Economy shrinks at fastest pace in seven years 

By Lucia Mutikani
WASHINGTON (Reuters) — The U. S. economy contracted at its fastest pace in seven years in the third quarter as consumer spending plunged to a 28-year low, data showed on Tuesday, raising the specter of a deeper recession.
Separate reports showed U. S. home prices continued their downward spiral, with the cost of single-family homes plunging by a record 17.4 percent in September from a year earlier.
The data painted a dismal picture of the troubled economy and backed views the Federal Reserve could push benchmark lending rates to an unprecedented zero percent by early 2009.
"We are in the early stages of one of the worst recessions in the post-war period, even factoring in a massive stimulus program, ' said Nariman Behravesh, chief economist at IHS Global Insight in Lexington, Massachusetts.
The grim reports partially overshadowed the Fed's announcement that it would use up to $800 billion to buy mortgage-related debt and consumer debt securities. The Dow Jones industrial average ended up 36.47 points at 8,479.86, after a choppy session.
U. S. government debt prices rallied, helped by a safe-haven bid fueled by the worsening outlook. The dollar, however, fell a third session against the euro, handing the European single currency its best three-day percentage advance ever.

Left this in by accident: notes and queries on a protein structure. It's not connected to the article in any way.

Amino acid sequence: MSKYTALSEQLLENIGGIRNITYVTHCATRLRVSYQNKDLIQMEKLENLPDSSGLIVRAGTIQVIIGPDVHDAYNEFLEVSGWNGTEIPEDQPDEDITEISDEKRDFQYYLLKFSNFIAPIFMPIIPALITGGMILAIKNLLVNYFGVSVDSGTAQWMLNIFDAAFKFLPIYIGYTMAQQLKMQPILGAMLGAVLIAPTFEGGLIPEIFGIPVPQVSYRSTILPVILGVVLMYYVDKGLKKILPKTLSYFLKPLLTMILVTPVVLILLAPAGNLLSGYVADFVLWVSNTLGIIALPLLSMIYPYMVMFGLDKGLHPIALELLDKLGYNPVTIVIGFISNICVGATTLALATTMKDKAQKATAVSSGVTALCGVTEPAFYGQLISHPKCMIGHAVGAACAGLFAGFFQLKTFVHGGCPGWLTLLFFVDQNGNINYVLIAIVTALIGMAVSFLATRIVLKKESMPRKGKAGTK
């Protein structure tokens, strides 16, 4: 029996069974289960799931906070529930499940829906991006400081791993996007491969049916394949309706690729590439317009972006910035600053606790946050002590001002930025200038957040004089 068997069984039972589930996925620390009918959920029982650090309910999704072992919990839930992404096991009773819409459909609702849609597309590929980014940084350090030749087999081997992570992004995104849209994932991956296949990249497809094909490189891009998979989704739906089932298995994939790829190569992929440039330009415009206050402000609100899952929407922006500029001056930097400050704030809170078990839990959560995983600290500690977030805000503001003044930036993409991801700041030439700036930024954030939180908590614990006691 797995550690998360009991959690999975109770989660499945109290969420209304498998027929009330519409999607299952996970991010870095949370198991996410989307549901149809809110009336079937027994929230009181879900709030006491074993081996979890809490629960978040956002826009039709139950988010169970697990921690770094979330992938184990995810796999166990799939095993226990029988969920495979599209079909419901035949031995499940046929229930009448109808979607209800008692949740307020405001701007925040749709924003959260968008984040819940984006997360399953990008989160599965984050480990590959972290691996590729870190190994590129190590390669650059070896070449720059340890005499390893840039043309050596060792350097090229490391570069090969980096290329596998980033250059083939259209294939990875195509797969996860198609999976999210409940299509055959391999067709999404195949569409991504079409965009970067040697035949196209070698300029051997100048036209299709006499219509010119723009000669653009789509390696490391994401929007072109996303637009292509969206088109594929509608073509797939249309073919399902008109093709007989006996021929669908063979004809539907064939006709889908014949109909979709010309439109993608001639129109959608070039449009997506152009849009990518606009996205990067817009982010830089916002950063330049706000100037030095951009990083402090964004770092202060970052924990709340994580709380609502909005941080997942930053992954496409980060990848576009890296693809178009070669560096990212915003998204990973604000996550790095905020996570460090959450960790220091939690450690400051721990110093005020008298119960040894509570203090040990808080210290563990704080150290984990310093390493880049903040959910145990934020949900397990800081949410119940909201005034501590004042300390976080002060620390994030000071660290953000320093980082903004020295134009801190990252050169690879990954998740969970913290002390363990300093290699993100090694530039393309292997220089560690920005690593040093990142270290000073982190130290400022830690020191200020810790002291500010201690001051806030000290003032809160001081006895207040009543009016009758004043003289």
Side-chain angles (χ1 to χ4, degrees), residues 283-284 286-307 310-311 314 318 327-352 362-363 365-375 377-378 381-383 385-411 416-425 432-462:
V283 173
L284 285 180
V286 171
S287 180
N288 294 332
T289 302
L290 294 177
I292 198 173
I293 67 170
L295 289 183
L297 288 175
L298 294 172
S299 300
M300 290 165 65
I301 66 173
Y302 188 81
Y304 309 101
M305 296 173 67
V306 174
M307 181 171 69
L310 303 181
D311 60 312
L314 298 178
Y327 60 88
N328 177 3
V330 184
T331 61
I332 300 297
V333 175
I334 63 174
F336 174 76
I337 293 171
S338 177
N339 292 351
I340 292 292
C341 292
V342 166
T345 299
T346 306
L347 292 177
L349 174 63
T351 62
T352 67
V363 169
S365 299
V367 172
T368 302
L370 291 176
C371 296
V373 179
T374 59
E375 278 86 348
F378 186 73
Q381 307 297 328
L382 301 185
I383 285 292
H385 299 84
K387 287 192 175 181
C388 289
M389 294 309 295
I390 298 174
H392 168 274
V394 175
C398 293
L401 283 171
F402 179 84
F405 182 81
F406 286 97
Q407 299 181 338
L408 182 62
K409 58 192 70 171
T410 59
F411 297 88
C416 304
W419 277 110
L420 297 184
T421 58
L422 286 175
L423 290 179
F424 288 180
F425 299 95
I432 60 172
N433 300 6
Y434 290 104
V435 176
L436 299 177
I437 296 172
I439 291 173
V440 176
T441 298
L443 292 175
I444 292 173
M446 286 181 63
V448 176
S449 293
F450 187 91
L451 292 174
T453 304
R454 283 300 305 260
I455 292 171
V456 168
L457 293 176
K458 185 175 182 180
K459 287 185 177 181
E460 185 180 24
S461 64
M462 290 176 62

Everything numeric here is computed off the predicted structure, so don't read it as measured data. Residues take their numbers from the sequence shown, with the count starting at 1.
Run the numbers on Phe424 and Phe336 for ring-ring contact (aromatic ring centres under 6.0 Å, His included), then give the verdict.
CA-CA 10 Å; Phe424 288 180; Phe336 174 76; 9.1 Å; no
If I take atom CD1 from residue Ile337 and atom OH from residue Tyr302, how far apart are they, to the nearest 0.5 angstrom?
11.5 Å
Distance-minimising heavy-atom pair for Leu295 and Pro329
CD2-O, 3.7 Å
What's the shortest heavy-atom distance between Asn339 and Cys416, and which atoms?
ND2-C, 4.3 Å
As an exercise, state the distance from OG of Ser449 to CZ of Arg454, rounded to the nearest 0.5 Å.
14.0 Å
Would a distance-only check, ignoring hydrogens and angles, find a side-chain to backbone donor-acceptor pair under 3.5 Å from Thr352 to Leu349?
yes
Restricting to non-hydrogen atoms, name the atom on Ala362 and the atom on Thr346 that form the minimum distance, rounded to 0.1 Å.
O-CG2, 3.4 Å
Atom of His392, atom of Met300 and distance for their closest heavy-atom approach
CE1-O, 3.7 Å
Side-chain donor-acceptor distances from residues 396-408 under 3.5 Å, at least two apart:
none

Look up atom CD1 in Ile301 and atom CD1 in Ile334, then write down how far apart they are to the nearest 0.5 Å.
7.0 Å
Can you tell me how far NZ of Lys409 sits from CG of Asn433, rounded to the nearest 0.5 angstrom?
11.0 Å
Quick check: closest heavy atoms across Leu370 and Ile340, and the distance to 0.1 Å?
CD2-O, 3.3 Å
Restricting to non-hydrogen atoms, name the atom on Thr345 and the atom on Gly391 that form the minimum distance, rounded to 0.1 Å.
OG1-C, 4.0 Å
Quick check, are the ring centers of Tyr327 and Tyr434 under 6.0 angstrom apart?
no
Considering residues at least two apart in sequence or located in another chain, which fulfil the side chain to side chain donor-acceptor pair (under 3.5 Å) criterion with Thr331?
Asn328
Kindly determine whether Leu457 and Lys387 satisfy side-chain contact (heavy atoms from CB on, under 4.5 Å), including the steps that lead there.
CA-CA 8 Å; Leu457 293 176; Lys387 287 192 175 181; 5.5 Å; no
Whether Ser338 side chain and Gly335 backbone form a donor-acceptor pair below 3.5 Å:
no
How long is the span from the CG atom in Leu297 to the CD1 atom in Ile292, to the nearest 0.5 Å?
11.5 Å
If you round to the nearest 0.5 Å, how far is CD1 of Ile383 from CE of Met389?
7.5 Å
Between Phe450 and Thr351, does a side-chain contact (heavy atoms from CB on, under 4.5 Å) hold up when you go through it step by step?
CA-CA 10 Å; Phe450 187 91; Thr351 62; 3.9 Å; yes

The Commerce Department revised the annual rate of decline in third-quarter gross domestic product to 0.5 percent from the 0.3 percent that it reported a month ago. It was the sharpest fall in GDP since the third quarter of 2001, in the aftermath of the September 11 attacks.
Corporate profits dropped for a second straight quarter and business investment fell for the first time since the end of 2006, signaling a wariness about prospects for future sales.
Consumers, hard hit by rising unemployment and plunging home equity, held back and sent spending falling at its sharpest rate since the second quarter of 1980. Consumer spending accounts for two-thirds of economic activity.
Many analysts believe the United States already has joined Europe in recession, though it will take another quarter of contraction to meet a widely used definition for it — back-to-back quarters of declining output.
The third-quarter decline in GDP was a striking contrast with the second quarter's relatively brisk 2.8 percent rate of growth. The U. S. economic decline is widely predicted to accelerate in the fourth quarter and last into 2009.
The White House blamed the contraction in the economy on the credit crisis that has emanated from the collapse of the U. S. housing market.
"There's no question the financial crisis was a major shock to the economy, and that's being reflected in the economic data. We believe a big reason for this was the freezing in credit markets this fall, " said White House spokesman Tony Fratto.
"That's why we've been so focused on unfreezing our credit markets and stabilizing our financial system. " Continued…
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